Tag Archives: Pentecostal

Dr. Stanley Horton: Influential Pentecostal Theologian, Educator, and Writer

Horton desk

Stanley M. Horton at his desk at Gospel Publishing House, working on the Adult Teacher, circa 1955

This Week in AG History — April 27, 1975

By Ruthie Edgerly Oberg
Originally published on PE-News, 27 April 2017

Stanley M. Horton (1916-2014), the noted Pentecostal author and educator, was one of the most influential teachers of laypeople in the history of the Assemblies of God. He taught at the highest level in Assemblies of God institutions of higher education and authored the standard textbook on the Pentecostal understanding of the Holy Spirit, but it was through his “side job” as a writer of Sunday School material that he yielded his broadest influence.

Horton’s Pentecostal background goes back to the Azusa Street revival of 1906-1909. His mother, Myrle Fisher, was baptized in the Holy Spirit at the meetings at Azusa Street. She later married Harry Horton, who followed Myrle’s father, Elmer Fisher, as pastor of the Upper Room Mission, located just blocks from the Apostolic Faith Mission on Azusa Street.

The family often attended Angelus Temple, the home church of Evangelist Aimee Semple McPherson. One of Horton’s childhood memories is being led to the Angelus Temple platform to lead in prayer for a children’s meeting. He sat on Sister Aimee’s lap until it was his turn to pray.

Exposure to some of the early leaders and ministries of the Pentecostal movement gave Horton an inside understanding of the relationship between the development of theological ideals and their practical application to Christian living.

From his youth, Horton exhibited unusual intellectual prowess. He graduated from high school in 1933 at age 16 and in 1937 received his undergraduate degree in science from University of California at Berkeley. He went on to earn a Master of Divinity from Gordon Divinity School, a Master of Sacred Theology from Harvard, and ultimately his doctorate from Central Baptist Theological Seminary in 1959.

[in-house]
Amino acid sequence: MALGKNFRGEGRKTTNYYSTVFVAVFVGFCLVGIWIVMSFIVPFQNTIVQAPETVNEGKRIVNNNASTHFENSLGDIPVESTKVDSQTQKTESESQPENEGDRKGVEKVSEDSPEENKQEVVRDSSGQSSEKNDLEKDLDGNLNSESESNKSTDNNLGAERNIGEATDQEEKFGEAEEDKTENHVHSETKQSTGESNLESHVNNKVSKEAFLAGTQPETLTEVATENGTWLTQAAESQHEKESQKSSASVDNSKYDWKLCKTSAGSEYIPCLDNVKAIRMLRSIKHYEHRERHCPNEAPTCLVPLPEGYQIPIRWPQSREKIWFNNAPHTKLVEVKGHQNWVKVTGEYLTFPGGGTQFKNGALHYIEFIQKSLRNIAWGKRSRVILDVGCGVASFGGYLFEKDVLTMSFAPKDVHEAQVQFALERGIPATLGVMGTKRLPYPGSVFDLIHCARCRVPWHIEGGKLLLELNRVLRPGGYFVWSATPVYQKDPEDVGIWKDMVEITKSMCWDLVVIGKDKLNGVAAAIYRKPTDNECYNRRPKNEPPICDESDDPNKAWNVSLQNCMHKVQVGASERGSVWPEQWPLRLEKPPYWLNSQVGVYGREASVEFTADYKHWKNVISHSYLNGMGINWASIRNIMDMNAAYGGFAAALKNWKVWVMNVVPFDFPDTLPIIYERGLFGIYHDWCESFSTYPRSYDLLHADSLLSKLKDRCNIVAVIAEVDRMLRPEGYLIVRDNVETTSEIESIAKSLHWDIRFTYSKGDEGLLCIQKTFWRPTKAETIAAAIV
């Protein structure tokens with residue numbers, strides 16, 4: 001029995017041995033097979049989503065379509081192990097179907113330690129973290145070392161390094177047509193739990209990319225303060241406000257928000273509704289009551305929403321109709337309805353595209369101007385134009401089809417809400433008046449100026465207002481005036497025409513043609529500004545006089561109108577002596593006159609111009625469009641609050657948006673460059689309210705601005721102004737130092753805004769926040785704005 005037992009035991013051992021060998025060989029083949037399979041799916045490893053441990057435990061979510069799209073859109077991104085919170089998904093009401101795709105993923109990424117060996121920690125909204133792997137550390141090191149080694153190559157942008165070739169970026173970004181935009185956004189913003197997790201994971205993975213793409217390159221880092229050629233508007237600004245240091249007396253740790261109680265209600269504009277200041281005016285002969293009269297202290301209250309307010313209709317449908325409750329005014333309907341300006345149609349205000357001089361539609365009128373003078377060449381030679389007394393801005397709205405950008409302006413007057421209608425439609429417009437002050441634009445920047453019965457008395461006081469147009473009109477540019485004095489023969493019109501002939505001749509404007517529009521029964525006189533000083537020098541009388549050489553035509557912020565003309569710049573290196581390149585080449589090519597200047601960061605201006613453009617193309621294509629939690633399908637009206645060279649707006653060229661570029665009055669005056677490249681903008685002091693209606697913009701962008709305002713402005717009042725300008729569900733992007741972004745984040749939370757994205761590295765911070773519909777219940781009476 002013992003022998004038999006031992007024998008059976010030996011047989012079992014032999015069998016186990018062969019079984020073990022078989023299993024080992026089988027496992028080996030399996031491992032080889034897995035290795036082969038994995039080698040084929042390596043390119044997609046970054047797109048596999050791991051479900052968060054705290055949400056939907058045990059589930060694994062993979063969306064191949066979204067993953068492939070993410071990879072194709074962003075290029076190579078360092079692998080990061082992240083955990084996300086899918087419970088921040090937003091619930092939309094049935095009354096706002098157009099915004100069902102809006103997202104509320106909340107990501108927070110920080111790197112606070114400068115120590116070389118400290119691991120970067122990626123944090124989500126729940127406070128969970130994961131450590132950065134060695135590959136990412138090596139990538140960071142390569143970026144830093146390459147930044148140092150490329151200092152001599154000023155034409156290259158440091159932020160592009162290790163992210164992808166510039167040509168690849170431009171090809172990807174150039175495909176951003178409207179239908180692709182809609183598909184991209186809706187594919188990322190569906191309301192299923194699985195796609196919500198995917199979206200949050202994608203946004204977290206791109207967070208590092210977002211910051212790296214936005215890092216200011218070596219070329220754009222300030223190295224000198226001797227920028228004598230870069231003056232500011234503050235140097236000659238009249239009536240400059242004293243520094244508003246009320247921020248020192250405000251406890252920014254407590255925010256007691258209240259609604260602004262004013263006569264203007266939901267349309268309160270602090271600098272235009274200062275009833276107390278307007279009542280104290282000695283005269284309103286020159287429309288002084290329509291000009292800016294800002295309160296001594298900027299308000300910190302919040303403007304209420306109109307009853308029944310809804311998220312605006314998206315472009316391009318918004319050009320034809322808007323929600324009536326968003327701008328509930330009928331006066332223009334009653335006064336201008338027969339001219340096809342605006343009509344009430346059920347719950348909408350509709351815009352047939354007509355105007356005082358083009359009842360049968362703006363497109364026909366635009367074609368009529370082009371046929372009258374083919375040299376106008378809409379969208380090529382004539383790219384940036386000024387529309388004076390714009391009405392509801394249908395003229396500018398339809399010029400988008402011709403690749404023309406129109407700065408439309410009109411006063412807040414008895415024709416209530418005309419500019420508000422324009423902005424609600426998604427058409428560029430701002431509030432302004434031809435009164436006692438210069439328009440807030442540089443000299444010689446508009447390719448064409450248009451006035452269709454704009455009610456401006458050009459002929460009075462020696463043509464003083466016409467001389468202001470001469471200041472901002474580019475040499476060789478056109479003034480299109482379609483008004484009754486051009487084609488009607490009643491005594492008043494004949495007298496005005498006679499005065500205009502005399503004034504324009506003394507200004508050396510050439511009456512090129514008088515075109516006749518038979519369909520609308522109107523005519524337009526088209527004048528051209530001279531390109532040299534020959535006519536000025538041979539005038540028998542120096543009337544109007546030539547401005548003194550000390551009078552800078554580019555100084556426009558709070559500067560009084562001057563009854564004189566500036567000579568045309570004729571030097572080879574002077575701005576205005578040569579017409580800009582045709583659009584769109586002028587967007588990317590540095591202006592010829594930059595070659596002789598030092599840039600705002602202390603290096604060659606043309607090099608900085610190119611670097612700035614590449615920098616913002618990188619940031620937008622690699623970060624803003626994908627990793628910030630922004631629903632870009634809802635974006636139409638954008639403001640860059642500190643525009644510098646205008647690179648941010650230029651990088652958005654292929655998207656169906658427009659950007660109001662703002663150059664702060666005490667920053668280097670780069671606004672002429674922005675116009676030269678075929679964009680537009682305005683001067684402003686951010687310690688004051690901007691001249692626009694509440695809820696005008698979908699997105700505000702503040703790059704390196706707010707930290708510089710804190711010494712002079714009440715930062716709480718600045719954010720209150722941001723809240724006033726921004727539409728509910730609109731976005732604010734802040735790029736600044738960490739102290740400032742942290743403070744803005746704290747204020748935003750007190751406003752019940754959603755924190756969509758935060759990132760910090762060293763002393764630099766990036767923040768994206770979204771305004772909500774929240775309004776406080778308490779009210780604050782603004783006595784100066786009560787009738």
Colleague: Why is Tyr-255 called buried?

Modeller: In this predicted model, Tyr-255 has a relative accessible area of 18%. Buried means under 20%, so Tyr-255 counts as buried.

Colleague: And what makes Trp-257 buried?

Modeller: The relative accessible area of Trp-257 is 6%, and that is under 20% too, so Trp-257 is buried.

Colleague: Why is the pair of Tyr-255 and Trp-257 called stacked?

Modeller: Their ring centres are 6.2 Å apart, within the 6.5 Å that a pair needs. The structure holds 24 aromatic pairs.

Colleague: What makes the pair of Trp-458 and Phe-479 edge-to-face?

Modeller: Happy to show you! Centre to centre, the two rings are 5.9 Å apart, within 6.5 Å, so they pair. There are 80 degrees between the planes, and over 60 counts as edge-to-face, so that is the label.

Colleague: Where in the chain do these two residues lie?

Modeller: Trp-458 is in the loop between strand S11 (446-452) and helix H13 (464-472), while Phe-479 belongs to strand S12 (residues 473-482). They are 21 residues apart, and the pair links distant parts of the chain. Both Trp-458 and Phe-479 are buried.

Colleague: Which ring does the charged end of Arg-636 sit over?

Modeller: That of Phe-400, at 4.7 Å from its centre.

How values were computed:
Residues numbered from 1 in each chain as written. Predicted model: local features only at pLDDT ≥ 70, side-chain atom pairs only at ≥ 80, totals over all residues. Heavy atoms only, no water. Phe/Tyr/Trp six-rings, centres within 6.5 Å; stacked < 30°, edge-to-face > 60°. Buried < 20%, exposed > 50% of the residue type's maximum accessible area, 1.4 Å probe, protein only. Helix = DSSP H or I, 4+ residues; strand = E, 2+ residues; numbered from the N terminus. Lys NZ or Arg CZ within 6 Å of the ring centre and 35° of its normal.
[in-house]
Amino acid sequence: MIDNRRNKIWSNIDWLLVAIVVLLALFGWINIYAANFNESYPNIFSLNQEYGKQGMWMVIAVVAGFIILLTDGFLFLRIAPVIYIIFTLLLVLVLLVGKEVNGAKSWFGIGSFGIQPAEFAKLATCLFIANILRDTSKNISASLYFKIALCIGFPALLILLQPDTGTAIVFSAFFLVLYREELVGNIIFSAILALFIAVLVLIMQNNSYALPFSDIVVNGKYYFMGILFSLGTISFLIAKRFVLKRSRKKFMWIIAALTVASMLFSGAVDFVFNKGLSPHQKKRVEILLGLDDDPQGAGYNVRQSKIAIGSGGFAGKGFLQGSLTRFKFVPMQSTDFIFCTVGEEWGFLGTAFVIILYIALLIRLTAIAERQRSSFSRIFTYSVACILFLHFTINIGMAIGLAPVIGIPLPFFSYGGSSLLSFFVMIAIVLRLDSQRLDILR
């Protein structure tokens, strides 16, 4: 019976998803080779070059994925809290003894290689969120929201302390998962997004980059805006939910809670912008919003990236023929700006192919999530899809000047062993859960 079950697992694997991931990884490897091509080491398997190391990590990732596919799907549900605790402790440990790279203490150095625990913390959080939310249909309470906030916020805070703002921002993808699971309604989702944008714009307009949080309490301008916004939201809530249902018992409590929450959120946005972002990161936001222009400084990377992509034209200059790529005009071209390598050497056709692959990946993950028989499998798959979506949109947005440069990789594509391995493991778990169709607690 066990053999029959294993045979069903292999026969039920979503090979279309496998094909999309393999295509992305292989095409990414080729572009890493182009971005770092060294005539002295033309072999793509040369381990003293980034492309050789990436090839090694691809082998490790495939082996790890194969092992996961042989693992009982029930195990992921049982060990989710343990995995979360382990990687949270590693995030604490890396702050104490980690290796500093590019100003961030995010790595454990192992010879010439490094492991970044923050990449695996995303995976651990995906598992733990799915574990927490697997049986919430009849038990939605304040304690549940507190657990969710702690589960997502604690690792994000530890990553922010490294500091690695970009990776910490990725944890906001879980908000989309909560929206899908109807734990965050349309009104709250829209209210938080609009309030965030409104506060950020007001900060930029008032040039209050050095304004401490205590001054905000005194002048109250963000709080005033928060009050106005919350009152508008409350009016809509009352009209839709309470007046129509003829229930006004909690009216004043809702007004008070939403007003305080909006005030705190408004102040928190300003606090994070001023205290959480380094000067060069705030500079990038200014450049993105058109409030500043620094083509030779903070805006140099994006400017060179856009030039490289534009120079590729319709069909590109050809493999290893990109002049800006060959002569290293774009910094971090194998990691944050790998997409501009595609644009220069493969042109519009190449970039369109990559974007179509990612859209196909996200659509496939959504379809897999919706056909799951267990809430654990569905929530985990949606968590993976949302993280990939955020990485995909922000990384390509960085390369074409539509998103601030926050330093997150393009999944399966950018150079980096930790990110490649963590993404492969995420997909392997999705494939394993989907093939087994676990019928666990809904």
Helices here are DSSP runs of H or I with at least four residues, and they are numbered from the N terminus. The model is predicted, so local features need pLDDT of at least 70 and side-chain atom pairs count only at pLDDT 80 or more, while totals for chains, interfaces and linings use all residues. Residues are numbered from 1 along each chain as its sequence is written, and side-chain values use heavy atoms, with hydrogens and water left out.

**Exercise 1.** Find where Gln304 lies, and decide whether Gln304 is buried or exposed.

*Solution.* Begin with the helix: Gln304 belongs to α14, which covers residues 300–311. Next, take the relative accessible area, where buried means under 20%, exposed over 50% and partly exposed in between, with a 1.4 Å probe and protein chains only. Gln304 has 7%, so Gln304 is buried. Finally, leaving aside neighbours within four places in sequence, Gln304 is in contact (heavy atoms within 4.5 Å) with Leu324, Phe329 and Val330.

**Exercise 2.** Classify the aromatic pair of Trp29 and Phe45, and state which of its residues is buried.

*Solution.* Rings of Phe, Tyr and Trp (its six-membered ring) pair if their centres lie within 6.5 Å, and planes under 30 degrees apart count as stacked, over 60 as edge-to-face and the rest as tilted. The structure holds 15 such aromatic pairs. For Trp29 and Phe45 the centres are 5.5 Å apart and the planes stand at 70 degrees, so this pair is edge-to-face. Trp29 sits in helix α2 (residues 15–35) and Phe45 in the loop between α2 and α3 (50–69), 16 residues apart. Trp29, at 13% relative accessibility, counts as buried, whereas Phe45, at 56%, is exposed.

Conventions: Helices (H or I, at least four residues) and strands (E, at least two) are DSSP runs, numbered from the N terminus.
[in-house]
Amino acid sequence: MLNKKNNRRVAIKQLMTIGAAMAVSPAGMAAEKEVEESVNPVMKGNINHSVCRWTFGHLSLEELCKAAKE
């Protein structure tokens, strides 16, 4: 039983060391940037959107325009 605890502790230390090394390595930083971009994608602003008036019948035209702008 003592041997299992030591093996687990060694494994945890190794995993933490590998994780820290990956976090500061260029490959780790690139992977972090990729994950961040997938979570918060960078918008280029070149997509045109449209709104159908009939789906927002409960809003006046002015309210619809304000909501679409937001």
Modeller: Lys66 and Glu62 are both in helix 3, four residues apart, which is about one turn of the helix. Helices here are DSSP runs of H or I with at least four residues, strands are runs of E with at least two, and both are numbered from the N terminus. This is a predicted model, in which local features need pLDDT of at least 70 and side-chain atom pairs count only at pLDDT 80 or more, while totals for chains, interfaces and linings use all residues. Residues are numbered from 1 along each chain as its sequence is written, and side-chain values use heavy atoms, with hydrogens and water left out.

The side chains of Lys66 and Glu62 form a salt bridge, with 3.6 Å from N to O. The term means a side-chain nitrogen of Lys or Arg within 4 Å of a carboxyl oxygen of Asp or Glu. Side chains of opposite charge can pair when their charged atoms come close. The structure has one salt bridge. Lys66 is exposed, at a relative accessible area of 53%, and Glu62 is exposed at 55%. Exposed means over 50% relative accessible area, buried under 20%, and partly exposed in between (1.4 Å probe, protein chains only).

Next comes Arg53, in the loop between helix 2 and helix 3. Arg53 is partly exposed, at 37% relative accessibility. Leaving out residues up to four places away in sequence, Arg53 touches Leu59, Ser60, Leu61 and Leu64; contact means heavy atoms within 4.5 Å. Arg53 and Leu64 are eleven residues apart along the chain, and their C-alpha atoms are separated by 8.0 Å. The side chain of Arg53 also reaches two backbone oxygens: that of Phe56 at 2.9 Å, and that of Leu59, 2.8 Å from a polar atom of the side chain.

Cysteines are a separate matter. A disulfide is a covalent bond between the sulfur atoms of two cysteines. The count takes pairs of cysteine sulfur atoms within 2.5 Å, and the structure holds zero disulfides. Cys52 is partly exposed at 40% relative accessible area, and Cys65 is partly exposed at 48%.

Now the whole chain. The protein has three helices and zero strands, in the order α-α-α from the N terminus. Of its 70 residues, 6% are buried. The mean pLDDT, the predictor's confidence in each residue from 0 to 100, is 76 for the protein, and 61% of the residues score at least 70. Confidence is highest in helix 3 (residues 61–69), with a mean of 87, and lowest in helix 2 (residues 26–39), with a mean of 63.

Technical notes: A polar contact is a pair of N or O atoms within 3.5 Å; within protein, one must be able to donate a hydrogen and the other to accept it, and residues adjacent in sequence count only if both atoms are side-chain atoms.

In a day when Pentecostal scholarship was considered “an oxymoron,” Horton was a rarity. While many of his peers considered higher education to be a hindrance to the Spirit’s anointing, Horton felt that God had called him to develop his intellectual abilities. If he did not fulfill that calling, he reckoned, he would be disobeying God.

Horton went on to teach at the college and university level for 63 years and traveled the world as a lecturer until age 92. He authored dozens of books — many of which have been translated into multiple languages — and published more than 250 scholarly articles. His book, What the Bible Says About the Holy Spirit, still serves as the definitive text on the topic in seminaries and universities around the world.

However, it is possible that his broadest influence in the Pentecostal world came through the humblest of his writings. In the April 27, 1975, issue of The Pentecostal Evangel, Horton was honored for serving as author of the Adult Teacher Sunday School quarterly for 25 years. Students in churches of every size and teachers of every level of ability would open these quarterlies each Sunday to glean a deeper understanding of biblical principles from the same pen that was writing university textbooks.

Balancing a heavy teaching load and raising three children, the scholar would stay up late into the night, at the beginning rate of $1 per hour, to develop lessons that would take the deepest theological truths and convey them in a manner that applied to the daily lives of farmers, factory workers, and businessmen and women. Dr. Bob Cooley, past president of the Evangelical Theological Society, former president of Gordon-Conwell Theological Seminary, and a 1949 student of Dr. Horton, wrote, “If you read the adult quarterly, you can see that the lesson material grew out of an academic understanding of Scripture but was very practical . . . a technical understanding of the biblical text but a remarkable way of translating that into a body of applied theology.”

Dr. Horton’s sacrifice of time proved to be an investment in the lives of tens of thousands of Assemblies of God laypeople who would never attend one of his seminary classes, but who were still able to receive theological training from one of the greatest minds of the Pentecostal movement — just by attending Sunday School.

Read the article, “A/G Editors Honor Stanley Horton for 25 Years of Writing Ministry,” on page 26 of the April 27, 1975, issue of the Pentecostal Evangel.